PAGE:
As night drew in, by common consent most of the noise was cut out and when the guards came to introduce us to the last stage of our via dolorosa they found ready for them a very sleepy and completely done-out party.
The return to the station was a tremendously cheering walk after the overpowering warmth and foul air of the jail It had been snowing heavily and th • clear freshness of the air was a thing to be remembered. We were soon entrained again and had our first glimpse of the winter uniforms worn by the guards at the institution to which we were going.
The attitude of these guards toward the men of our party, so different from that of officers of the law with whom we had met thus far—though we had little to complain of—was very marked. One of them, a short, sandy man with closecropped moustache, very agreeably helped us to get into bearable positions in the car, assuring us pleasantly enough that the chain would soon be taken off. We thought him a pretty decent fellow—and later acquaintance confirmed it. Had we known then that his record included the shooting in the head of a prisoner who was swimming a lake in an effort at escape we should • have probably looked with less of complaisance upon his conducting of us on our way. Fortunately rtfcthing so grim came within our ken, and soon we had left the train and, driven on flat sleighs a mile or so through the country, found ourselves gazing with interest and wonder at the buildings and lights, the
piled snow and midnight quiet, at-
wherea paternal government calls halt in the heedless career of such of its children as prove intractable otherwise.
We were first taken to the laundry,
where each man was required to strip, place every last item of personal belongings in a bundle in his overcoat, take a shower-bath" and don the institutional clothing laid out for him. The personal belongings were gathered up and listed by attendants present for the purpose. One of our party timidly asked if he might retain some trifling object of his own and was met with such an outburst of profanity from the sergeant in charge as to effectively nip in the bud and blast for-* ever similar requests that had been forming in our minds.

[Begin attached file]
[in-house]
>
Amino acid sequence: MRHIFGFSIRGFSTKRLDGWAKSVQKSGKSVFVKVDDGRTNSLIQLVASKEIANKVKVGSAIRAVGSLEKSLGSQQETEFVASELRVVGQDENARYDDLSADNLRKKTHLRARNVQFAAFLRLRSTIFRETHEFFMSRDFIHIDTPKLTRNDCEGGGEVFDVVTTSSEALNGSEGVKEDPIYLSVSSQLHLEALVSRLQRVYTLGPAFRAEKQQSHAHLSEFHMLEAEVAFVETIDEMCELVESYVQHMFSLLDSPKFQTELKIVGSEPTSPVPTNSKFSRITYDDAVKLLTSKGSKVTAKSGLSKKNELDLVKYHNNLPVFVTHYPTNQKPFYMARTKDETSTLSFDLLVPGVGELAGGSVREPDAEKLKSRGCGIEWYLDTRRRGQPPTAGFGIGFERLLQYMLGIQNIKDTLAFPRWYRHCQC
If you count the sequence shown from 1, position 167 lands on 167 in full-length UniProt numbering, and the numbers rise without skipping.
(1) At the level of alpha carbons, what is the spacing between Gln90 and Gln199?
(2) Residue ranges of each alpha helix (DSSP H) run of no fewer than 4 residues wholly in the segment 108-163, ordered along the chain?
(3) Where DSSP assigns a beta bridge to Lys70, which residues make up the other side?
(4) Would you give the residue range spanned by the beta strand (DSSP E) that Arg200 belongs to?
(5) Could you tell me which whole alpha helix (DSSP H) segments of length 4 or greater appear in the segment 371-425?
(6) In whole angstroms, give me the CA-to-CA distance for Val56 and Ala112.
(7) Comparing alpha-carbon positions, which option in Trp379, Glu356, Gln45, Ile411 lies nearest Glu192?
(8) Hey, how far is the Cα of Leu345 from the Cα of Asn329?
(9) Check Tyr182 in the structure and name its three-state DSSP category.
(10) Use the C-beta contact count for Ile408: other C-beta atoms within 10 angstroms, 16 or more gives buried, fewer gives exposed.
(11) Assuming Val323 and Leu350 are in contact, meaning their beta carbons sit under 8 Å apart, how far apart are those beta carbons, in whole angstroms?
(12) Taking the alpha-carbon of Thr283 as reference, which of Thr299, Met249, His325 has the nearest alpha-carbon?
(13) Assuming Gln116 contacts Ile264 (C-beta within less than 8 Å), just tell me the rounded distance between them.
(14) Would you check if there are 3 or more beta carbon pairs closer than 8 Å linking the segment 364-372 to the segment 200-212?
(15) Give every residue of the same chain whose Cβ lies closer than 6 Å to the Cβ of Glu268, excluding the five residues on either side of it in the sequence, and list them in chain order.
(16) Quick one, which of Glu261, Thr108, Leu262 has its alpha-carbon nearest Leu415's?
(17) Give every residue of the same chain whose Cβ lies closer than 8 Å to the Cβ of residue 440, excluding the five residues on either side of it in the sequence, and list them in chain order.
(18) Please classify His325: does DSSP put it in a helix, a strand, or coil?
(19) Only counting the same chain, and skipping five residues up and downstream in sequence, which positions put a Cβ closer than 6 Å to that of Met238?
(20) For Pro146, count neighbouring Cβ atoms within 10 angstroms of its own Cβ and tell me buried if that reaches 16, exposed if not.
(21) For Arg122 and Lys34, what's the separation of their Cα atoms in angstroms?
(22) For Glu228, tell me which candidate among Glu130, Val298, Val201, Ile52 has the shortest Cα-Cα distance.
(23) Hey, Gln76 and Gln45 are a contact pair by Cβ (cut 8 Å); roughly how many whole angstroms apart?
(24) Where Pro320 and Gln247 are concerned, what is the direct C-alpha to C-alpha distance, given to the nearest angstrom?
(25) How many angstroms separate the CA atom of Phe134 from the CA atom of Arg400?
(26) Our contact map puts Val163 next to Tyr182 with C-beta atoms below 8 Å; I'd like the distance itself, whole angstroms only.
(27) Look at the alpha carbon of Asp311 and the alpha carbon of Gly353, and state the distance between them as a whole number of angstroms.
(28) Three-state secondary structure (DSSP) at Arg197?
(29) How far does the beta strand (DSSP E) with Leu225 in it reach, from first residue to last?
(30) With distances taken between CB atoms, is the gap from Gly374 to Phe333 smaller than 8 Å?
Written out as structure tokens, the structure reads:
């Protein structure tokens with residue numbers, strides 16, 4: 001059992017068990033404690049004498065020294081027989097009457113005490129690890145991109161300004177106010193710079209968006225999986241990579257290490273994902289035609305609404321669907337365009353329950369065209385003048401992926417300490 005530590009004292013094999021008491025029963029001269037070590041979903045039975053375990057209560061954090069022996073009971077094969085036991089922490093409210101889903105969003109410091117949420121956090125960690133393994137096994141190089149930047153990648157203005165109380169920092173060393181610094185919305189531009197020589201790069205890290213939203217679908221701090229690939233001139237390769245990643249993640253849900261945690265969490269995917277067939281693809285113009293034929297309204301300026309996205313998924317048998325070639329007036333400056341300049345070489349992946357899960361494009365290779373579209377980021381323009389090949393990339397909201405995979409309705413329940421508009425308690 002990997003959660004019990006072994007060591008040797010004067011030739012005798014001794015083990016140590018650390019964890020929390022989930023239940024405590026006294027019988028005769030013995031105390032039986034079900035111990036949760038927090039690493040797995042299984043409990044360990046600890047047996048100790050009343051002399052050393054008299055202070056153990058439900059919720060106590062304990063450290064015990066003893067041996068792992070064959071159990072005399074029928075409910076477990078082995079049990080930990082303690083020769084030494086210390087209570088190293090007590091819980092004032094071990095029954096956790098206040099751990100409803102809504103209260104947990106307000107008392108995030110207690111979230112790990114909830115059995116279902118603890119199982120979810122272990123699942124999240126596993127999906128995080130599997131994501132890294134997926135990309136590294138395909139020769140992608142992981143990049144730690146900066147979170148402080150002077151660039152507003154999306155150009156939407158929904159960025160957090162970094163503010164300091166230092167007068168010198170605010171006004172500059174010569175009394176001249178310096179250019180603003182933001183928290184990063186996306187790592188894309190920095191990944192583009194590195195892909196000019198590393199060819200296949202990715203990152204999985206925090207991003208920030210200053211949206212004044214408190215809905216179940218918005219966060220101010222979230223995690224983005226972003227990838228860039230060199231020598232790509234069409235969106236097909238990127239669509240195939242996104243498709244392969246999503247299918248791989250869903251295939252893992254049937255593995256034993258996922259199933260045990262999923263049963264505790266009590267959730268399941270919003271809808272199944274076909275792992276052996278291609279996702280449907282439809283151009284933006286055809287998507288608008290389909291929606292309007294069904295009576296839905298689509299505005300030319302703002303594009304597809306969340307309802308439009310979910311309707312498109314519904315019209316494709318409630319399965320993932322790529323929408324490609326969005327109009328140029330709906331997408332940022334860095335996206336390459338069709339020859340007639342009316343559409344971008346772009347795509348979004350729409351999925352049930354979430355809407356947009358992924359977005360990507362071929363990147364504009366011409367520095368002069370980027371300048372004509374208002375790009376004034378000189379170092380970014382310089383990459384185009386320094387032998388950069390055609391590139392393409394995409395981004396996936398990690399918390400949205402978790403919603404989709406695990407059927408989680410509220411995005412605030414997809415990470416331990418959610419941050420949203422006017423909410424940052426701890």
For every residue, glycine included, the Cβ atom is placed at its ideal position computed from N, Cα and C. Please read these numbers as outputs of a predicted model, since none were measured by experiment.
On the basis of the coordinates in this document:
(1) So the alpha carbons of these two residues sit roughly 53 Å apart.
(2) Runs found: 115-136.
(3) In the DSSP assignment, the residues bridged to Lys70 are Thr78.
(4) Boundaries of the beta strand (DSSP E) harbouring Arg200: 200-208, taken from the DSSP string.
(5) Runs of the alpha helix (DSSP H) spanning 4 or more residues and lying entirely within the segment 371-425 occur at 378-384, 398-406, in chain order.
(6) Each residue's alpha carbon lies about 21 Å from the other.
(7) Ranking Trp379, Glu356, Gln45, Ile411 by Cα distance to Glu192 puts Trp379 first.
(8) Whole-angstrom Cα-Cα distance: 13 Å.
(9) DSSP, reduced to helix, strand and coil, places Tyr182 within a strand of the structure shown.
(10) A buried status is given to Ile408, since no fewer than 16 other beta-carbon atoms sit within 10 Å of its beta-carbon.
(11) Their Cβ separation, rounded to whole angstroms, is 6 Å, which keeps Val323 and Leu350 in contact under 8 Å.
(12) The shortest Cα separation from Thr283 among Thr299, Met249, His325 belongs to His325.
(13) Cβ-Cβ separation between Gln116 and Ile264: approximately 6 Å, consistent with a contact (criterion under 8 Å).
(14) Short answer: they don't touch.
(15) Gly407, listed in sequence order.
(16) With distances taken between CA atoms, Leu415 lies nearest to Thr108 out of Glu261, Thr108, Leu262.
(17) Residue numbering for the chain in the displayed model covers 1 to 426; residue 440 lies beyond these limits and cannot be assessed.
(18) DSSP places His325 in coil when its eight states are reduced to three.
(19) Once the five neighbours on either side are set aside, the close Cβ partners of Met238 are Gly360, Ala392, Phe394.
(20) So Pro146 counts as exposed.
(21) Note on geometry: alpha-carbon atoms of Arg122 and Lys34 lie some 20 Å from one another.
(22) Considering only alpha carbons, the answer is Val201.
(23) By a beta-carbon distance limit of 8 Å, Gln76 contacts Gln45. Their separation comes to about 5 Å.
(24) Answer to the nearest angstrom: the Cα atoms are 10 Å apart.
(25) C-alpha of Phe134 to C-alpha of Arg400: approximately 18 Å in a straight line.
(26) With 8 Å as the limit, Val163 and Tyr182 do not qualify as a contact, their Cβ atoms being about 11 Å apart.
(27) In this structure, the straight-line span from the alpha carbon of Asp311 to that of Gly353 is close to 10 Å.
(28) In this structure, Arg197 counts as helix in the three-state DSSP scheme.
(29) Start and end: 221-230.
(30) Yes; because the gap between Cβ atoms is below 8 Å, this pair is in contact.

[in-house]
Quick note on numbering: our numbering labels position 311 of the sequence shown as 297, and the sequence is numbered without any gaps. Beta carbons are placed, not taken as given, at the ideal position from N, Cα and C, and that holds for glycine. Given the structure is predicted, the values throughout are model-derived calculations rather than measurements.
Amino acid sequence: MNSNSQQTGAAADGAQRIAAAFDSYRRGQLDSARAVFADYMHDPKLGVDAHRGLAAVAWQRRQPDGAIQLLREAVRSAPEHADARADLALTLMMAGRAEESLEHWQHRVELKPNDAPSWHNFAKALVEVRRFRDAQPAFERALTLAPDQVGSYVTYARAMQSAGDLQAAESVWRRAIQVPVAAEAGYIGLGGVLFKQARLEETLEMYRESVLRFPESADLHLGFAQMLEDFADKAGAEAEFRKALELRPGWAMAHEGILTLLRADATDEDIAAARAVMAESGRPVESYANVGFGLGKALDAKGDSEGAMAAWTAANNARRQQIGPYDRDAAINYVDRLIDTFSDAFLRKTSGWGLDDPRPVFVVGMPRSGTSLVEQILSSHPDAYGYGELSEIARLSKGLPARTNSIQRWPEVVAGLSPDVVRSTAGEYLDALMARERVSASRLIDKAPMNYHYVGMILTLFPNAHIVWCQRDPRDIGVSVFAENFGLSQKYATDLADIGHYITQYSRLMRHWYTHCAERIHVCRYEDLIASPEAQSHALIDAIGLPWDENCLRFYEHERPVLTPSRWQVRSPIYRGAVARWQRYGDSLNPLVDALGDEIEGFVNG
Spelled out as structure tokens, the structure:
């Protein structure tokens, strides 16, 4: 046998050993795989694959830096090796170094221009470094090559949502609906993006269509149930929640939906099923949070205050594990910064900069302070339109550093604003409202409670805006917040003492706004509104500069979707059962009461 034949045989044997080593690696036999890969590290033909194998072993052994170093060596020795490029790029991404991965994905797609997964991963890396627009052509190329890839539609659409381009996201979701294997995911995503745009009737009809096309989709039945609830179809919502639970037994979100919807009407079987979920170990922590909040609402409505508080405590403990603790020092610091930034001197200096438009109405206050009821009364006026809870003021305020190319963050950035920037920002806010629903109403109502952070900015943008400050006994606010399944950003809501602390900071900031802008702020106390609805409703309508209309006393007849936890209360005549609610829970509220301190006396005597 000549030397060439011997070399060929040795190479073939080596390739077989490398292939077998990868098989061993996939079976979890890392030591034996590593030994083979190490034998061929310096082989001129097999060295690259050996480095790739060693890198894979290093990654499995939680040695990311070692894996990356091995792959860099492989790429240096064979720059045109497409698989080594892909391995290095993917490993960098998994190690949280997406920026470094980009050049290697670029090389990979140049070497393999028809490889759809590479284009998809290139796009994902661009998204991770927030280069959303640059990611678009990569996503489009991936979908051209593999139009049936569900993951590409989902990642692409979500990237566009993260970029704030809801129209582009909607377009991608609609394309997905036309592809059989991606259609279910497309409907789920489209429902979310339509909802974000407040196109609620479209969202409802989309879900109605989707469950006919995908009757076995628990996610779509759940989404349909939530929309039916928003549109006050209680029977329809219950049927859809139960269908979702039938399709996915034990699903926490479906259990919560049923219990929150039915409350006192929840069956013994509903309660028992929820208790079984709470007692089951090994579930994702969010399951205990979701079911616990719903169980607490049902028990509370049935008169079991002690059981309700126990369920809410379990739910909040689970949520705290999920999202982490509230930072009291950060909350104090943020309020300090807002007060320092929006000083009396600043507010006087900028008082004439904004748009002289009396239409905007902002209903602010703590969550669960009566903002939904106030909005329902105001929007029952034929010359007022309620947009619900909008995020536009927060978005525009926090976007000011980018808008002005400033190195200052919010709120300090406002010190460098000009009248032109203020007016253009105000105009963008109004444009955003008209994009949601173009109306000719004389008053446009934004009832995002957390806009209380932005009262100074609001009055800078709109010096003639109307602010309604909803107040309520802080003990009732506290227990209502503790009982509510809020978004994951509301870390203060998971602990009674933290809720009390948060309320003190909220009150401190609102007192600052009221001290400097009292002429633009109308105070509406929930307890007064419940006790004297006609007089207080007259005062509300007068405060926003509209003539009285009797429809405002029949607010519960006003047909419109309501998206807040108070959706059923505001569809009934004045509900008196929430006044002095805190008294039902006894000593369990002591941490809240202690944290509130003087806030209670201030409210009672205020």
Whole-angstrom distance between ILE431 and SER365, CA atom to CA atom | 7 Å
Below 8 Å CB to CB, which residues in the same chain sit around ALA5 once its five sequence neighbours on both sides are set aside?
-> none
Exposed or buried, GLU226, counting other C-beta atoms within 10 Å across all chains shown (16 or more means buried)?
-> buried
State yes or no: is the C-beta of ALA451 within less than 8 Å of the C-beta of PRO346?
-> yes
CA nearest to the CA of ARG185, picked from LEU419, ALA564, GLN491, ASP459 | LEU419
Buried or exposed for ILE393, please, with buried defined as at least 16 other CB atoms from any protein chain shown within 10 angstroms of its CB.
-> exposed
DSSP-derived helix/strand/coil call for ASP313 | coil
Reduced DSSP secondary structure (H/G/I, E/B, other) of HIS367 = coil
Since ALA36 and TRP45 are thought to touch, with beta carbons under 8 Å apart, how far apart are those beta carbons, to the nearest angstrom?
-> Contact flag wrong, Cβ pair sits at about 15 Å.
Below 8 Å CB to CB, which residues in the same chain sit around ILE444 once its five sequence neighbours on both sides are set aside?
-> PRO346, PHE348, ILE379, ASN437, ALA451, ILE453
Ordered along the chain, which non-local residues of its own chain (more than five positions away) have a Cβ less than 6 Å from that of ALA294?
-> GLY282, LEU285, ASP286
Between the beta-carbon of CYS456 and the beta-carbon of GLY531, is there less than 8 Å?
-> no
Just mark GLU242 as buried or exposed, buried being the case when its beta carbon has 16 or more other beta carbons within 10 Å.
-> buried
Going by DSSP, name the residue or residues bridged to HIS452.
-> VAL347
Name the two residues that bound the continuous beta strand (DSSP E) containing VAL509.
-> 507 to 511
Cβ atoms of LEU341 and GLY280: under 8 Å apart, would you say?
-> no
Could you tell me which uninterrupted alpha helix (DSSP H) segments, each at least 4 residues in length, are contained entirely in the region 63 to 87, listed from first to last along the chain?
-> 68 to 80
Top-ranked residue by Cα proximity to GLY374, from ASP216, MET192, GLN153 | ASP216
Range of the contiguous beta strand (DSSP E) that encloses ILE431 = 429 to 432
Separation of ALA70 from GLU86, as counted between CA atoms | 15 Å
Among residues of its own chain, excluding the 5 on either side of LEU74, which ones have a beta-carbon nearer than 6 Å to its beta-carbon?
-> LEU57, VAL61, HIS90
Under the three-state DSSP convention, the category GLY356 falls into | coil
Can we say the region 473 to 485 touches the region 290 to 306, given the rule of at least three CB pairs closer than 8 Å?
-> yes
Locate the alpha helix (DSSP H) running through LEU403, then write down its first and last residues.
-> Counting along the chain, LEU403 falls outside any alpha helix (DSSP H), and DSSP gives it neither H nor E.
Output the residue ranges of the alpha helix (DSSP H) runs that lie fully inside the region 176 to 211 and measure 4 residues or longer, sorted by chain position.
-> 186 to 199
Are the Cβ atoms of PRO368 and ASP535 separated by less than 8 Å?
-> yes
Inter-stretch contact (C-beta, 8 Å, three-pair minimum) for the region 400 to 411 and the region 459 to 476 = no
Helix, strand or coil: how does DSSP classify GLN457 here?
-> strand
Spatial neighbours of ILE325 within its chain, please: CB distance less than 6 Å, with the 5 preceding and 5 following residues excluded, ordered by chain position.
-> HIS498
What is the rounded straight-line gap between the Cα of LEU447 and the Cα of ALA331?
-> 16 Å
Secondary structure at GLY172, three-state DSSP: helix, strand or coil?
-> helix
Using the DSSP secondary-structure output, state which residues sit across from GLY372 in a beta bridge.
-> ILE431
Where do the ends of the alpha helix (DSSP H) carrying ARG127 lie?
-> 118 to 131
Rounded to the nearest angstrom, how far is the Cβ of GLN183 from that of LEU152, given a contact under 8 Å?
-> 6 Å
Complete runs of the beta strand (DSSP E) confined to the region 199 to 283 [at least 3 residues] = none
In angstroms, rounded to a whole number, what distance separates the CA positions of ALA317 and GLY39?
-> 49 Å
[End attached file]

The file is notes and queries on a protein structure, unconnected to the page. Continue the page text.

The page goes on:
We were then paraded across the road in the small hours of the morning, each holding up unbelted trousers and carrying a bundle of blankets and a pillow.
This brought us to the dormitories, where we were shown to vacant beds. It was with an indescribable feeling of relief that I passed down the long dormitory, between rows of blanketed feet, and made up a bed where a guard directed me to do so. The dimmed lights, the hushed quiet, together with the relaxation induced by the warm bath and the comfortable temperature of the dormitory, combined to make sleep and rest very easy of accomplishment. Wearied beyond words in body from the two-night train journey
and the experience in the jail at--and
bruised in spirit from the humiliation and indignity of the chain gang, I fell quickly to sleep, only to be awakened, almost immediately it seemed, by the ringing of a number of loud bells.
The First Day
THE inmate in the bed adjoining mine explained that this was the first breakfast bell—the time was half-past five—and that on week-day mornings it rang at five—this was a Sunday. In half-an-hour, I joined the line-up for the dining-room, where I presently made acquaintance with porridge, toast, corn-syrup and tea.
Later in the morning I had opportunity to look about me in the dormitory where I had slept. This room was a very long one with beds on either side. When I say ‘beds’ it gives less than a proper picture —so I shall explain. On each side of the room were racks or supports made of heavy iron pipe, arranged lengthwise from end to end of the room. On these pipes were laid the beds“, close together, with feet toward the center of the room, and heads toward the walls. Each bed was a single-bed spring with staunch steel frame, and a pipe support at each side from end to end about a foot or so in height from the side of the spring frame. The first row of beds was a foot or more from the floor; at about six feet from the floor was another row, and a third lot— the ‘hurricane deck’ we came to call it— appeared about five feet higher still. This was utilizing space with a vengeance. The lighting and ventilation was accomplished by means of sky-lights far overhead. There were two other dormitories like this, and another similar one constituted the venereal ward. In addition there were ‘day-rooms’ or large recreation or reading and writing rooms, with long tables and benches, and off each dormitory were .wash-rooms and lavatories with red-tiled floors and walls, where were shower-baths and abundance of hot and cold water at all times. There was ample provision for cleanliness.